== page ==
Thursday 24 October 2013

Paying the Piper: Is Australia's First Tune Hotel Worth the Price?

At the risk of sounding trite, I want to suggest there are two types of traveller - those who spend a lot of time in their hotel room and care about its comfort and decor, and others who don't give a damn as long as the room is cheap and there's a clean bed.

I'm the second type.

On my first trip to London with my wife in 1990, I chose a pokey, joyless tourist hotel near Russell Square, where the only tip you felt inclined to give the gloomy staff was "Cheer up, it might never happen."

And during the recent AGM of the Australian Society of Travel Writers, held at the Gold Coast's extravagant Palazzo Versace, I stayed at a YHA hostel 200 metres down the road and walked between the two in my suit for the formal evening events.

Tune Hotel, Melbourne
In tune

If you're on the same wavelength as me, Tony Fernandes thinks he has your number.

The Malaysian businessman founded budget airline AirAsia. Following the lead of Ireland's Ryanair and the American Southwest Airlines, it made a success of selling cheap seats topped up with a variety of nominally optional charges.

Fernandes later applied the budget airline formula to a hotel chain, Tune Hotels, which now has numerous properties across South-East Asia and the UK, as well as footholds in Japan and India.

The basic offer of a Tune Hotel is a simple room with a low tariff, the guest able to add extra options for a fee. Each (squeezy) room includes a bed and what the chain likes to call a "power shower".

In Tunes Hotels in Asia you generally pay extra for airconditioning, TV, wifi, towels and toiletries; in Western countries the aircon is standard but the other options are in play.

We're about to find out if this airline-sourced model will fly here, as Australia's first Tune Hotel opened earlier this week in Melbourne's inner-city suburb Carlton.

With access to a tram line and within walking distance of the city centre, it looks on the face of it similar to the London Tunes - close to public transport though not in the heart of the city.

Room interior, Tune Hotel Melbourne
Tune test

So far, so good. But will Australians see Tune's "tariff plus extras" approach as a reasonable way to score a cheap hotel room, or a sneaky means of quoting an unrealistically low price which which becomes unavoidably more expensive?

As a test, in mid-October I dummied up a booking on the Tune website for a Wednesday in late November, after the Melbourne Cup Carnival but before school holidays. I was offered a double room for $85.

Clicking through, I found these optional extras: $2.20 per person for towel rent and toiletries, $4.40 for 24 hours of Foxtel TV, and $6.60 for 24 hours of wifi access per person. There were also options for early check-in and late-check-out, each covering both guests for a single charge of $22.

I know what my other half and I would choose if we were visiting Melbourne as an interstate destination: two lots of towels and toiletries (when would you ever bother packing these?), and two serves of wifi. Television we could live without. I hardly ever switch the set on when travelling, and there's plenty of interesting stuff to watch on our iPads.

If we were paying for the room and two lots of towels, toiletries and wifi, that'd be a grand total of $102.60 for our November night in Carlton.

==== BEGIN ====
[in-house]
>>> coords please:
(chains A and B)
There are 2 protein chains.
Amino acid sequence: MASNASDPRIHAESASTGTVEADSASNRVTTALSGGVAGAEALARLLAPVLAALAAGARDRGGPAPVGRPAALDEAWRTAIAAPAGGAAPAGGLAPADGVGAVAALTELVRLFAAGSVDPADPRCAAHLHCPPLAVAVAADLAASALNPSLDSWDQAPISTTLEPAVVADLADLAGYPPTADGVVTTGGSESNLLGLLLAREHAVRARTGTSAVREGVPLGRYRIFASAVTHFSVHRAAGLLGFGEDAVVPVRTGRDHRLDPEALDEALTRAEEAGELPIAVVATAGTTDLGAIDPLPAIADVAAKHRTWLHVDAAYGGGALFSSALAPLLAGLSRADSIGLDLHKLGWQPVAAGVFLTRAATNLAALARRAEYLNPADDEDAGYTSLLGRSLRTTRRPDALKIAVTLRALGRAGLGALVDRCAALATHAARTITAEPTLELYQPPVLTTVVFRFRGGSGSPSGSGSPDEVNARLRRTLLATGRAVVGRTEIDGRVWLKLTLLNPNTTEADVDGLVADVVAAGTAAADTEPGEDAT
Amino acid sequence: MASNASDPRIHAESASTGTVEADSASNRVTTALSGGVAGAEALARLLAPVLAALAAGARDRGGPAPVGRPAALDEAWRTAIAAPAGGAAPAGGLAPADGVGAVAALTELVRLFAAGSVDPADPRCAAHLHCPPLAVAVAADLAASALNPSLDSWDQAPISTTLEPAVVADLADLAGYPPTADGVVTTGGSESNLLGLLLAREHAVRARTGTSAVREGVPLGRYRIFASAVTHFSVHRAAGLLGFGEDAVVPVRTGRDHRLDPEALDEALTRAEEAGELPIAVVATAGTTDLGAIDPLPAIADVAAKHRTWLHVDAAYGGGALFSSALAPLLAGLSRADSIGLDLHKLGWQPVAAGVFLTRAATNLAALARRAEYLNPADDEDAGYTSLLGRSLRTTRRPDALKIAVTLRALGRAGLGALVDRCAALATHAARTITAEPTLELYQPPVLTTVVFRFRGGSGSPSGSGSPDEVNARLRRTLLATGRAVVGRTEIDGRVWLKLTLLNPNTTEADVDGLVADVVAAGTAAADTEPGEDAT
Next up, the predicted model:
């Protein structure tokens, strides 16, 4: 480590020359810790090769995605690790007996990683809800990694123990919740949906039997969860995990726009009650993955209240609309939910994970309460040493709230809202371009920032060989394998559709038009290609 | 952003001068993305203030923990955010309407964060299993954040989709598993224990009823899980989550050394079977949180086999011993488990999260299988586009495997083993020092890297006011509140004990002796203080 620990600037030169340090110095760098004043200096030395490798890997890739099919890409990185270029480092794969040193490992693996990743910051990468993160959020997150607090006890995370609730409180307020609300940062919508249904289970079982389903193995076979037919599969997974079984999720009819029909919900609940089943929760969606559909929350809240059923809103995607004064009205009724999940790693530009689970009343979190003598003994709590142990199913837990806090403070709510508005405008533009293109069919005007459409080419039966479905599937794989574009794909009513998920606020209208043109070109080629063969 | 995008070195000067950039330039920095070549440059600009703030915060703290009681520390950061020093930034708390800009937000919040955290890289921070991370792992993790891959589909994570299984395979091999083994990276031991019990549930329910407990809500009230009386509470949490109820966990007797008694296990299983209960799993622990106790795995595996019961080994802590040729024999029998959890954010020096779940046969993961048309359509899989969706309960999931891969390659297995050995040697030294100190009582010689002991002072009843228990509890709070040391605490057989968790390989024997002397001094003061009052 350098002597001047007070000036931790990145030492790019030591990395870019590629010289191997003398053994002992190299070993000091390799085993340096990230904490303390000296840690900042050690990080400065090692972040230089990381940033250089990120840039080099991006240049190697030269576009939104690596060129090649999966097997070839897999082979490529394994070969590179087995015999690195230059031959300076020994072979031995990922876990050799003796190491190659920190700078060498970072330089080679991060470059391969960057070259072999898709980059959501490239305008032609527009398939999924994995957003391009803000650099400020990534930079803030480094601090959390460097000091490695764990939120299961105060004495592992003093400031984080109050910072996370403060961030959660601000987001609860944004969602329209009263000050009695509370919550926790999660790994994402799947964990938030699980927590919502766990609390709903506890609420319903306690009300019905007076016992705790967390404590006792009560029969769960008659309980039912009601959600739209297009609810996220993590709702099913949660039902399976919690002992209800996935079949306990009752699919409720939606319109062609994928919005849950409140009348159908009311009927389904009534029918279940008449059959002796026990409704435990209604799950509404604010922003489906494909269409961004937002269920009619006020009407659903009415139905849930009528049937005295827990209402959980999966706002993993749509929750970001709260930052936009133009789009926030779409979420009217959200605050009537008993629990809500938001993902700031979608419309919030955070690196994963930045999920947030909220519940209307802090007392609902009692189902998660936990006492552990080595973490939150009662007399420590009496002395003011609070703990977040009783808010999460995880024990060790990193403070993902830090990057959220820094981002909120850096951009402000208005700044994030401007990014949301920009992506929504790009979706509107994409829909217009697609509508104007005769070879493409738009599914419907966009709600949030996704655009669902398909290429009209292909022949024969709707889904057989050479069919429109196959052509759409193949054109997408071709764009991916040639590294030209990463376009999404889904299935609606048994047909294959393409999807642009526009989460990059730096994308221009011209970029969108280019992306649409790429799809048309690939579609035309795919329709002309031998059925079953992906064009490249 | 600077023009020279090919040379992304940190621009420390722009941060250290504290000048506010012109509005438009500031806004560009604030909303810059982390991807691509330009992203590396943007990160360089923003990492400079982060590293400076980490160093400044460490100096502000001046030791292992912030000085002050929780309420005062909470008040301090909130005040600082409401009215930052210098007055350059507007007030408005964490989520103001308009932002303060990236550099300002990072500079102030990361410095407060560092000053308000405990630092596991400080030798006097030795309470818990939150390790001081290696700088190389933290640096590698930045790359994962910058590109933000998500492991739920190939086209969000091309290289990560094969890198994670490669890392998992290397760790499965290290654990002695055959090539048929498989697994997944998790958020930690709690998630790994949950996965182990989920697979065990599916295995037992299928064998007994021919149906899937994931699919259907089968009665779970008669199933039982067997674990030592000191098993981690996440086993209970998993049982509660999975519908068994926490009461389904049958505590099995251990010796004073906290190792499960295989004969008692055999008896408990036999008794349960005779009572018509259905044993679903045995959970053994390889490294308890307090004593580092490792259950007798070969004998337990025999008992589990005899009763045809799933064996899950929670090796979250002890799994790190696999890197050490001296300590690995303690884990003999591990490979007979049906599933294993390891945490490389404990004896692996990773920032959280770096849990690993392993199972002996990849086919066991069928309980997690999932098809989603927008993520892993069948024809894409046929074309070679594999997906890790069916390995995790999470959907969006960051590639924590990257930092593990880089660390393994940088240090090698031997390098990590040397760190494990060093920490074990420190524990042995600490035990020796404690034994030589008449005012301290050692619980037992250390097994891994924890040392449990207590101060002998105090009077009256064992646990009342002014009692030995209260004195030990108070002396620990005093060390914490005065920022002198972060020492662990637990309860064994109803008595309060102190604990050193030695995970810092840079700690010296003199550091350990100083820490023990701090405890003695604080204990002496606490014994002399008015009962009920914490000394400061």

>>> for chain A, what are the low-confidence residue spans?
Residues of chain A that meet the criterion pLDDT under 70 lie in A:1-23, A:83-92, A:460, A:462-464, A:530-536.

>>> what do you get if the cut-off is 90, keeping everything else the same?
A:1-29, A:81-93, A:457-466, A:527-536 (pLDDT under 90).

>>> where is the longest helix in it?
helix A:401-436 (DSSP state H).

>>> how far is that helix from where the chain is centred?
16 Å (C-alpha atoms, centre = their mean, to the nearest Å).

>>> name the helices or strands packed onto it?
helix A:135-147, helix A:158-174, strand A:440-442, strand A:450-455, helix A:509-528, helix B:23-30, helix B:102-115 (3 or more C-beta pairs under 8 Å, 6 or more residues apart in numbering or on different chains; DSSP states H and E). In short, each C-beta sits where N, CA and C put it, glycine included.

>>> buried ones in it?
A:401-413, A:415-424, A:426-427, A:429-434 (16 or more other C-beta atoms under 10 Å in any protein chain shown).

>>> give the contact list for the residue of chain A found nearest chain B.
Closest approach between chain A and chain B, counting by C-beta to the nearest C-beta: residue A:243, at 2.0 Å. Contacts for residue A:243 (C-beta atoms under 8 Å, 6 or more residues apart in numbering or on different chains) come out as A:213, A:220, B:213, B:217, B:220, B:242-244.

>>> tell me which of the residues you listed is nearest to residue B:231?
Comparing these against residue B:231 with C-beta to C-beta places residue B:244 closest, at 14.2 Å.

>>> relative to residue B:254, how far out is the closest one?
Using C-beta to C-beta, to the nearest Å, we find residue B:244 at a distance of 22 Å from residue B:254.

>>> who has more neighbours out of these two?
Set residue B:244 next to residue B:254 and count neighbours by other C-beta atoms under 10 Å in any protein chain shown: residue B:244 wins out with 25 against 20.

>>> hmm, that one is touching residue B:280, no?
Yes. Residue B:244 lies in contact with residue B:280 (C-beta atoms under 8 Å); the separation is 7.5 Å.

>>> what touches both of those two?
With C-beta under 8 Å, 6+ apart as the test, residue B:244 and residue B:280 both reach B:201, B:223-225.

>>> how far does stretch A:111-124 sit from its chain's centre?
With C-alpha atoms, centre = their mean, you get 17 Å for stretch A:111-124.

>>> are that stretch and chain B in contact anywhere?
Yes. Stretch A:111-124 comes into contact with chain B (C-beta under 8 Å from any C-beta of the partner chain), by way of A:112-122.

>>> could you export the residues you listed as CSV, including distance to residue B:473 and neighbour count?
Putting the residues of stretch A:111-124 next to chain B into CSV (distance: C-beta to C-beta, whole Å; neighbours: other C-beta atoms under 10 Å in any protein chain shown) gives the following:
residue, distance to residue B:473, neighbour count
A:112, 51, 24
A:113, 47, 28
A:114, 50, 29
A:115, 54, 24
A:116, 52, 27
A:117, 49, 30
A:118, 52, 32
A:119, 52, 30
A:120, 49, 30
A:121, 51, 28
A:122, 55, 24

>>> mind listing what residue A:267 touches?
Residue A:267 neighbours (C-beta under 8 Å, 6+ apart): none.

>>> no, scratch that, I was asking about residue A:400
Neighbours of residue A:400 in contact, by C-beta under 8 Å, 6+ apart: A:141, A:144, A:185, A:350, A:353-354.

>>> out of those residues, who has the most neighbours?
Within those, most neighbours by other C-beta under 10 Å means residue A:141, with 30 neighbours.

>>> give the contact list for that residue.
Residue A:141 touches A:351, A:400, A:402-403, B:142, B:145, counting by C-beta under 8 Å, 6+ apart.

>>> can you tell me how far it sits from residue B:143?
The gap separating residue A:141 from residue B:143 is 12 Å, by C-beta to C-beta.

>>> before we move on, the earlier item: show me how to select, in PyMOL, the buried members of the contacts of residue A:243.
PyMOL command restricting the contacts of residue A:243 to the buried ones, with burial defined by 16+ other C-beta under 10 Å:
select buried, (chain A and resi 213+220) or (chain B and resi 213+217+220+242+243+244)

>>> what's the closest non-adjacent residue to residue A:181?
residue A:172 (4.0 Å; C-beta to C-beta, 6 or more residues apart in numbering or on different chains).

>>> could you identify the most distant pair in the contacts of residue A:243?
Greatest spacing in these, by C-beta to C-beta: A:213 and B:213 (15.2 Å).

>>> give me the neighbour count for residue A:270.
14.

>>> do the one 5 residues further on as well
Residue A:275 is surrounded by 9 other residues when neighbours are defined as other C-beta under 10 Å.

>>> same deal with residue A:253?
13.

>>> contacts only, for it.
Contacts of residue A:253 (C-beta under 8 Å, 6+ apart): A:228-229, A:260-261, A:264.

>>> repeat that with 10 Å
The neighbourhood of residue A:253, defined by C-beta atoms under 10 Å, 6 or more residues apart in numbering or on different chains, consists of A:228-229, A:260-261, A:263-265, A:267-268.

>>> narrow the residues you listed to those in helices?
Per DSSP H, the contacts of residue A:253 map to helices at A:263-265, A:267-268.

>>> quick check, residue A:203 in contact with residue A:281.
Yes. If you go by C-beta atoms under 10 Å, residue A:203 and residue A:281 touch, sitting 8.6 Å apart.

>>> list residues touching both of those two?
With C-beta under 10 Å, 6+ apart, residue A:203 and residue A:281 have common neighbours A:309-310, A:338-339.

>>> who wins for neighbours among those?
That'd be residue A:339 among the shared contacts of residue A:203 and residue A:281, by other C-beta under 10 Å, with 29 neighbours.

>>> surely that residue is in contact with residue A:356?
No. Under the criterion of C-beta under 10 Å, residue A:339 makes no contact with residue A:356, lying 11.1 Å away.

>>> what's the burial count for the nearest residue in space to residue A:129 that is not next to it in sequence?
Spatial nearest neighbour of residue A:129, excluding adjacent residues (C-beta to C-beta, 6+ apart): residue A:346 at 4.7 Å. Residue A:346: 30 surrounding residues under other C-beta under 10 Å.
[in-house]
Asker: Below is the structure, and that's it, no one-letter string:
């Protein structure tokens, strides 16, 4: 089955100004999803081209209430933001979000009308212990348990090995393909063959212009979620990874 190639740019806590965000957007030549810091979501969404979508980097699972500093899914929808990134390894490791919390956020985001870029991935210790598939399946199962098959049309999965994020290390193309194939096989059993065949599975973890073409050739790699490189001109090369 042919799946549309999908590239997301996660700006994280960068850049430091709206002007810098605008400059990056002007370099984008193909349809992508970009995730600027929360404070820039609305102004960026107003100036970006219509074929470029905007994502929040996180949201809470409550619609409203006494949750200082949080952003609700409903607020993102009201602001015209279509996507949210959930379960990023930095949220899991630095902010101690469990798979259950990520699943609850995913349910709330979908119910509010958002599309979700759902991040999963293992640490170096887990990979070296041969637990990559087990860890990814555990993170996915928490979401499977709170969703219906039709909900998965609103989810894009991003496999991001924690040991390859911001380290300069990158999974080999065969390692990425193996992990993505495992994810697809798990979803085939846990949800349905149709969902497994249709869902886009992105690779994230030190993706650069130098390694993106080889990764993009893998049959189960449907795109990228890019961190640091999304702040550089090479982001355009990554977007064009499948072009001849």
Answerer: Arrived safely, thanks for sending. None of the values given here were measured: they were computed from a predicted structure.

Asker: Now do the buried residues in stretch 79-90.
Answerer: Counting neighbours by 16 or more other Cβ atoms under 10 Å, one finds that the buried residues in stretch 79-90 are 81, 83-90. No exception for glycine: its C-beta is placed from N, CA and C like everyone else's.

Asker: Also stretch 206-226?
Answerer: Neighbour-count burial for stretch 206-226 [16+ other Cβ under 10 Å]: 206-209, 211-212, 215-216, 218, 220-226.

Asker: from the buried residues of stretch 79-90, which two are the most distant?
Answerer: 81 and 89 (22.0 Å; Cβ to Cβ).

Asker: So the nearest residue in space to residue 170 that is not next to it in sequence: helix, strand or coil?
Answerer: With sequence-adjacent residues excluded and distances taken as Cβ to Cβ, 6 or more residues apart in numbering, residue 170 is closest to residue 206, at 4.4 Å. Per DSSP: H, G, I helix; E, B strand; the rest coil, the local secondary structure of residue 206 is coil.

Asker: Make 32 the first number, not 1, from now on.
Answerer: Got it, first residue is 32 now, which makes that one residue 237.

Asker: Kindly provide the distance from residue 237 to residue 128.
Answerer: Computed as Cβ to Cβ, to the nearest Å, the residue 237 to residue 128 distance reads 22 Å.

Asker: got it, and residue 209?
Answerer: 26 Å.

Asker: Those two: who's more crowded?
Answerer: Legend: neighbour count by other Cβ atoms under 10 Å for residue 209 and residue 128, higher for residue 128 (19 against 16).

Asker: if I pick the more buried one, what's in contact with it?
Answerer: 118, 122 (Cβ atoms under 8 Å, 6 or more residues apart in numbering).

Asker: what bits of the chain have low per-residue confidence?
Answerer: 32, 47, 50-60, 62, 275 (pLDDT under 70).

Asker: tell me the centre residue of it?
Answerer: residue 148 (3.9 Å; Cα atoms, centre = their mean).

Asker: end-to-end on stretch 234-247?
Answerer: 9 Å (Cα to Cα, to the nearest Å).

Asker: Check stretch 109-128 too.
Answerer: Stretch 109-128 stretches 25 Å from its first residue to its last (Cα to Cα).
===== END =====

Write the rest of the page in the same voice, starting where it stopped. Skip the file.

But wait! An alternative choice is a Comfort Package of $11 per person combining all three options. That'd add up to $107 with the room rate. Without TV, therefore, we'd still be better off going a la carte.

Reception area, Tune Hotel Melbourne
Tunes may vary

But would we be better off overall? I consulted the sites of three inexpensive central Melbourne hotels (City Garden, Ibis Budget and Causeway Inn) with compact rooms for the same November night, to try to match type if not precise location.

At first glance they seemed competitive, with an average rate of $97.70 including towels, toiletries and TV. The cheapest (Ibis Budget) was in fact $71.10, significantly less expensive than Tune and with more amenities.

Where they fell down, however, was by offering sky-high Internet access. For 24 hours, one hotel charged $20 and another $24.95. The Ibis Budget threw away its lead by offering Internet access at an astronomical $20 per three hours.

So it comes down to personal preference. If you see Internet access as an essential, Tune stands out. If you can do without wifi, there are competitive choices which don't involve paying a fee for a towel.

Time will tell if the Tune Hotels model works in Australia. Personally, I've never minded Ryanair's way of doing things; I once flew from London to Poland for a penny plus taxes.

If nothing else, Tune's reasonable Internet rate may finally force down the insanely high price of Australian hotel wifi. We can only hope.

Details of the Tune Hotel Melbourne can be found at the Tune website.

Friday 18 October 2013

The Bed Report 5: Vibe Hotel Gold Coast Accommodation Review

On my way from Gold Coast Airport to Surfers Paradise on a local bus last week, I passed under a monorail that linked a casino to shopping and dining attractions.

Though on a smaller scale, it reminded me immediately of the monorail linking several casinos in Las Vegas, which I'd seen in action earlier in the year.

It was a reminder - if I needed one - that the Gold Coast is Australia's answer to the attractions of Vegas.

It's not that similar of course - the Gold Coast is less overtly given to insane architecture and in-your-face vice. But there are some parallels between the big-ticket extravaganzas and plentiful partying options of the two places.